Fort Knox, Ky.— “Game on.”
Lt. Col. Perry Bolding spoke those words seconds before “Exercise, Exercise, Exercise,” was transmitted across the airwaves and into the U.S. Army Cadet Command Cadet Summer Training Tactical Operations Center starting an annual exercise to test the systems and processes to respond to a mass casualty event.
Today’s “game” centered around a vehicle accident involving a unit conducting a road march. The injured included a broken leg, spinal injuries, and some with minor injuries. The location of the crash and the severity of the injuries meant that multiple agencies needed to respond.
Immediately after receiving the radio alert, a Radio Telephone Operator called “Attention in the TOC,” and proceeded to relay the report. The TOC is the heart of this exercise, as well as overseeing all CST operations, activities, and weather.
“This is really about a rehearsal, it is getting all the players that would be involved in a MEDEVAC exercise including the 911 operators, the MEDEVAC pilots, the medics on the ground providing aid on the scene as well as anyone that would be calling in a MEDEVAC like a committee chief or some kind of Cadre member,” Bolding said.
The TOC facilitates communications between everyone involved in and with Cadet Summer Training (CST) and outside agencies. It is staffed 24-hours a day, seven days a week throughout CST.
“There are a bunch of moving pieces in the TOC, both the stuff going on externally and being reported in to here as well as our internal processes, how that information gets reported or recorded,” Capt. Evan Adams, Officer in Charge of the TOC, said.
For today’s Casualty Evacuation Exercise, the TOC oversaw communication between all the emergency response teams and people on the ground. Upon receiving the alert, a Soldier called the Military Police (MP) desk and sent notifications out to emergency personnel such as 911.
The team worked to keep track of the event’s progress which included timing the responses of emergency personnel as well as the event from start to finish. An Army MEDEVAC helicopter arrived on site within 18 minutes to transport the most “severely” injured to a hospital in Louisville. Within 41 minutes the entire training was over.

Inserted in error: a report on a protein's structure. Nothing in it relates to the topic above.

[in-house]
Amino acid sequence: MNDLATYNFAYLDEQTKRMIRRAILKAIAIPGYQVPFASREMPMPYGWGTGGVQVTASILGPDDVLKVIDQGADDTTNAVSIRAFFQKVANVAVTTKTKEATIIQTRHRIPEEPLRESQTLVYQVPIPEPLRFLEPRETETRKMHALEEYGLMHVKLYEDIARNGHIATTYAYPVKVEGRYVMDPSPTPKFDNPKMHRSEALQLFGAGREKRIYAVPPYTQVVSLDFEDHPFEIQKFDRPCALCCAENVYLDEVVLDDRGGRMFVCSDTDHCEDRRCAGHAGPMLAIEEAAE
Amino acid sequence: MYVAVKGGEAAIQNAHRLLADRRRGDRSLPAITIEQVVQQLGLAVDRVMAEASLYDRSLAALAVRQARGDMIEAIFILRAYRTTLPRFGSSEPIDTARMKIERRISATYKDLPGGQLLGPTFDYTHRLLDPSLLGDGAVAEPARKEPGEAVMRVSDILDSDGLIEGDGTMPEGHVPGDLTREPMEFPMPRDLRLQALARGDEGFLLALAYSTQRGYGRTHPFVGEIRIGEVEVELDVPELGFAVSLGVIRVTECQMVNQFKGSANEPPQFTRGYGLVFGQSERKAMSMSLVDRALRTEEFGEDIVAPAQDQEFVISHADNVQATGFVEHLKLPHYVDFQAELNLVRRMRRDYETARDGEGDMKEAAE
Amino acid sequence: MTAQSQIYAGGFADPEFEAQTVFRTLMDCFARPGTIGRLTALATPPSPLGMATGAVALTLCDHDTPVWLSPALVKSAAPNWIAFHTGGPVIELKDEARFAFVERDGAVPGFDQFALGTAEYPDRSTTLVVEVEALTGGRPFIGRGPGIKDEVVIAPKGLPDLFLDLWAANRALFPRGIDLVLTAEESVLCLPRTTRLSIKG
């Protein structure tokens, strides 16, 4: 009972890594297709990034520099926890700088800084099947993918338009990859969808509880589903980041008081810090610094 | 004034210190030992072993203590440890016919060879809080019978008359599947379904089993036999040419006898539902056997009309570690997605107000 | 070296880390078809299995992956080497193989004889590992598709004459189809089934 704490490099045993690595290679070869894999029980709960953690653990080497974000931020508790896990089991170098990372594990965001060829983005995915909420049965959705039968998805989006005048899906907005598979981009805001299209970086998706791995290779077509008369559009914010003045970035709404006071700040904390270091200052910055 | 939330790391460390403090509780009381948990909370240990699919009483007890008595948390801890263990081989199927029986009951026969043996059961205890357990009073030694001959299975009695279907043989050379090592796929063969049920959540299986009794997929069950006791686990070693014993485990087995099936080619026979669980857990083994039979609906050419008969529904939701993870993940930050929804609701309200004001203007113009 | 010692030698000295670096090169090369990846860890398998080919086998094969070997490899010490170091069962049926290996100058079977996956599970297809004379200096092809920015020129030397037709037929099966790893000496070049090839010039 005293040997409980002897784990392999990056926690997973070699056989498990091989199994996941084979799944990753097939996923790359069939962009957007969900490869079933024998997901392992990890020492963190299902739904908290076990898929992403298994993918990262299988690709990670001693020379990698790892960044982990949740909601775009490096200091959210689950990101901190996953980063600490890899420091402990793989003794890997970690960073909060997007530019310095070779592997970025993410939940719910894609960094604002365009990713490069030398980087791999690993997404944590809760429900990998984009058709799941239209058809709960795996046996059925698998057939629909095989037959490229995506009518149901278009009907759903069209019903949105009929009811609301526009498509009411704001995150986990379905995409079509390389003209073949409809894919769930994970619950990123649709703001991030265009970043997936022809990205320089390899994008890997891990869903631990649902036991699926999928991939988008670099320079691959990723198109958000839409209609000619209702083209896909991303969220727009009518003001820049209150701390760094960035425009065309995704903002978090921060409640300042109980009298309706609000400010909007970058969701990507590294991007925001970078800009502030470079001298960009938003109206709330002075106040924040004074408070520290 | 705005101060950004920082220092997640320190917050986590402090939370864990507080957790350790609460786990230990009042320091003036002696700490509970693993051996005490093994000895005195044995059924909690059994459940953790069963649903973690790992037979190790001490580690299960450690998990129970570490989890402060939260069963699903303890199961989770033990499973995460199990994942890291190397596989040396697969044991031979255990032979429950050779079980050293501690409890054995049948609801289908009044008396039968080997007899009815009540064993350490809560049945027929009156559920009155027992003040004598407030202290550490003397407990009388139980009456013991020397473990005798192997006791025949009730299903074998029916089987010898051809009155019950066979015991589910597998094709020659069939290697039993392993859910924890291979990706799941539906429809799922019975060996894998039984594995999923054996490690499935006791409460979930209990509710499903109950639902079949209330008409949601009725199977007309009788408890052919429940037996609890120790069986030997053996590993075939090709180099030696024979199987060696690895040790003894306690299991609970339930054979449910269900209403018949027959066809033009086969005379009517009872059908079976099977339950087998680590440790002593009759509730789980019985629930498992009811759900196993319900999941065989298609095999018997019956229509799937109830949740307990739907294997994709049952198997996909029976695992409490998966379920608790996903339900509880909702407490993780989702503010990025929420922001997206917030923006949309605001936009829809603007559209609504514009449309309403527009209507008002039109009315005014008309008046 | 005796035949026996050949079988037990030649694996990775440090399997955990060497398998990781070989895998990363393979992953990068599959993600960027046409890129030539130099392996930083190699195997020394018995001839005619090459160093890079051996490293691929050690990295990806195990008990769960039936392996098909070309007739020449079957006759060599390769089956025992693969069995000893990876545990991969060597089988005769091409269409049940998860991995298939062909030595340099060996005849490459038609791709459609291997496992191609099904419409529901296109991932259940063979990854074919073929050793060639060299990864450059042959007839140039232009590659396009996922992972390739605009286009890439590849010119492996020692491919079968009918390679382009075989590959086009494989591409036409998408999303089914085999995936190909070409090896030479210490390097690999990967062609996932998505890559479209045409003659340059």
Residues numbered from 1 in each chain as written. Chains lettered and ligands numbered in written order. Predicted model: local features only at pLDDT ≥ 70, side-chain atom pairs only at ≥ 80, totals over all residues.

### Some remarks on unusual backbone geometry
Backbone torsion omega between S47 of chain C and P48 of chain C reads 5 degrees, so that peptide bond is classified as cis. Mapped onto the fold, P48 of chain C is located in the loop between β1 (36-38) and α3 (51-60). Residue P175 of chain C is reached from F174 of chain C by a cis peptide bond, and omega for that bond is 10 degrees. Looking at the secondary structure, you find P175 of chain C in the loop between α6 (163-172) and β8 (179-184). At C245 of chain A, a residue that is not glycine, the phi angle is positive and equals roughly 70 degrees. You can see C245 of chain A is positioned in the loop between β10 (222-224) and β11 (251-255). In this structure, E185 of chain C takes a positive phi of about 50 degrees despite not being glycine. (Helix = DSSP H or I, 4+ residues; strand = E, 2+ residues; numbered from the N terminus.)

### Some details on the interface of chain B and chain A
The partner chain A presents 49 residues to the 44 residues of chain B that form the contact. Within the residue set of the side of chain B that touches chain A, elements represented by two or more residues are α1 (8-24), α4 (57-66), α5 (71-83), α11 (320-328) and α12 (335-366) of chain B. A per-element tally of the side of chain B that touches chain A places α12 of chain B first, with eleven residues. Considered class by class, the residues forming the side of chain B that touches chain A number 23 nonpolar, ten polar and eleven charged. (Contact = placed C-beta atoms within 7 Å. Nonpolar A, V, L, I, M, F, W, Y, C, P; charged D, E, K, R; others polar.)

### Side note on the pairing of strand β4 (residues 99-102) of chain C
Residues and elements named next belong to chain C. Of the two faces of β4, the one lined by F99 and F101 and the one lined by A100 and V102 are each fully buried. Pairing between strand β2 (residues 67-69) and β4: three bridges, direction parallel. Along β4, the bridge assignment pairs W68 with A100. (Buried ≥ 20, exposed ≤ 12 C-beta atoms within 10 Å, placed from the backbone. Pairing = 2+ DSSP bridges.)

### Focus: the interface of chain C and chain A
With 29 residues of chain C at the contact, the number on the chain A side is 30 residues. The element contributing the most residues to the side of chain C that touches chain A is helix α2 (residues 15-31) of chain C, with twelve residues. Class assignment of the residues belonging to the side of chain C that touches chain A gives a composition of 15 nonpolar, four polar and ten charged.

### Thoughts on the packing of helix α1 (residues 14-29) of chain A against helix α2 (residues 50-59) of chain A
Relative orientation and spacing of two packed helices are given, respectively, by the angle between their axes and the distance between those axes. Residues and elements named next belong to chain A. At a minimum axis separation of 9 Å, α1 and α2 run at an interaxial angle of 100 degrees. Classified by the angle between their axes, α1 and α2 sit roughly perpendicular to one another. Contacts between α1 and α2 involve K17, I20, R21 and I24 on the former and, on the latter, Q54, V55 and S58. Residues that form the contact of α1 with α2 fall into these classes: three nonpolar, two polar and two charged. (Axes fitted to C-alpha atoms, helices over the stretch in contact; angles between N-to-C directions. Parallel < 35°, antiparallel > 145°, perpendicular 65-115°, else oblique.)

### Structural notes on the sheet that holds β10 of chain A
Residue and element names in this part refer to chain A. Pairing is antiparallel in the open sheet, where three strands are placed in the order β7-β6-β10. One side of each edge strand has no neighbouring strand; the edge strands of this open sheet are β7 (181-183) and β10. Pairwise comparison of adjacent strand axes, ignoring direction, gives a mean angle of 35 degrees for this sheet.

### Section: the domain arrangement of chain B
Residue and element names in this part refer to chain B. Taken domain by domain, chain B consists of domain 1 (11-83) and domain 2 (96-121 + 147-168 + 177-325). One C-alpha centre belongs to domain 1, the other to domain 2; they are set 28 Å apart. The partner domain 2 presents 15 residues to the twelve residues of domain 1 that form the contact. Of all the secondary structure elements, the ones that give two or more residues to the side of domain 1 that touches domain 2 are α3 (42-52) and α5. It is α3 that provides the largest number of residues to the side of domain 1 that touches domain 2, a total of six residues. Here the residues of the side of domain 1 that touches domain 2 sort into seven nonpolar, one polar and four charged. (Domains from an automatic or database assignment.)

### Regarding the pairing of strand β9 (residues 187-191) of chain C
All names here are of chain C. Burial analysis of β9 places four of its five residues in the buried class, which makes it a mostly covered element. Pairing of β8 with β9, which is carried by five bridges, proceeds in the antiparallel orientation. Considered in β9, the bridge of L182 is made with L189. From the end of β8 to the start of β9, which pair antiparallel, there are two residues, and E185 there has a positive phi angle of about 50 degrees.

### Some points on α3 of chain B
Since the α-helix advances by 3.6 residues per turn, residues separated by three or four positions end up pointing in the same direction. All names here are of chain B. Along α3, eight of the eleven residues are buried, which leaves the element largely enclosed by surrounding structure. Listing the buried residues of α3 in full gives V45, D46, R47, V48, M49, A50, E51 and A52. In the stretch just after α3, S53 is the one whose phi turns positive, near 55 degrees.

“My role was to ensure that we had proper communication and to ensure that proper information was being passed up to our higher command and ensuring that everyone was tracking with the same information,” Sgt. 1st Class Dillon Dupre, the Non-Commissioned Officer in Charge of the TOC, said. “Just in case something goes wrong with someone’s radio on the ground or anything like that I can monitor what they are trying to say and pass that vital information up higher to actual MEDEVAC personnel or to personnel in the helicopters moving to the casualties.”
Another team member is Adams.
“I really just sit back and facilitate and supervise all the stuff going on with the radio and the TOC,” Adams said. “I basically facilitate all that stuff working together to build a better picture for higher command or just increase situational awareness.”
The goal of the exercise was to prepare everyone involved with CST to properly handle a real-life situation.
“It is a complex exercise,” Bolding said. “If this were to happen in real life you would have people under stress and people who are actually hurting and you want to get them to the best treatment possible in the shortest amount of time. You just want to rehearse all the players so that everyone knows what to do under stress and so that it can happen quickly.”
TOC team members said they were pleased with the outcomes of today’s training exercise.
“I think it went very well as far as actually getting helicopters on site. We got it there within 18-19 minutes of the incident happening,” Dupre said. “We had great communication between all parties involved in the exercise. All in all, I think it was a great success.”
“I think it went pretty good, for the most part [Casualty Evacuation] is a pretty stressful event but we have done it enough to where we have worked out the kinks and the system is pretty smooth,” Adams said. “We do not want a bunch of people emotional and freaking out over something or anything that happens.”
While today’s exercise may have been a ‘game’ those involved hope none of systems and processes practiced today are ever needed.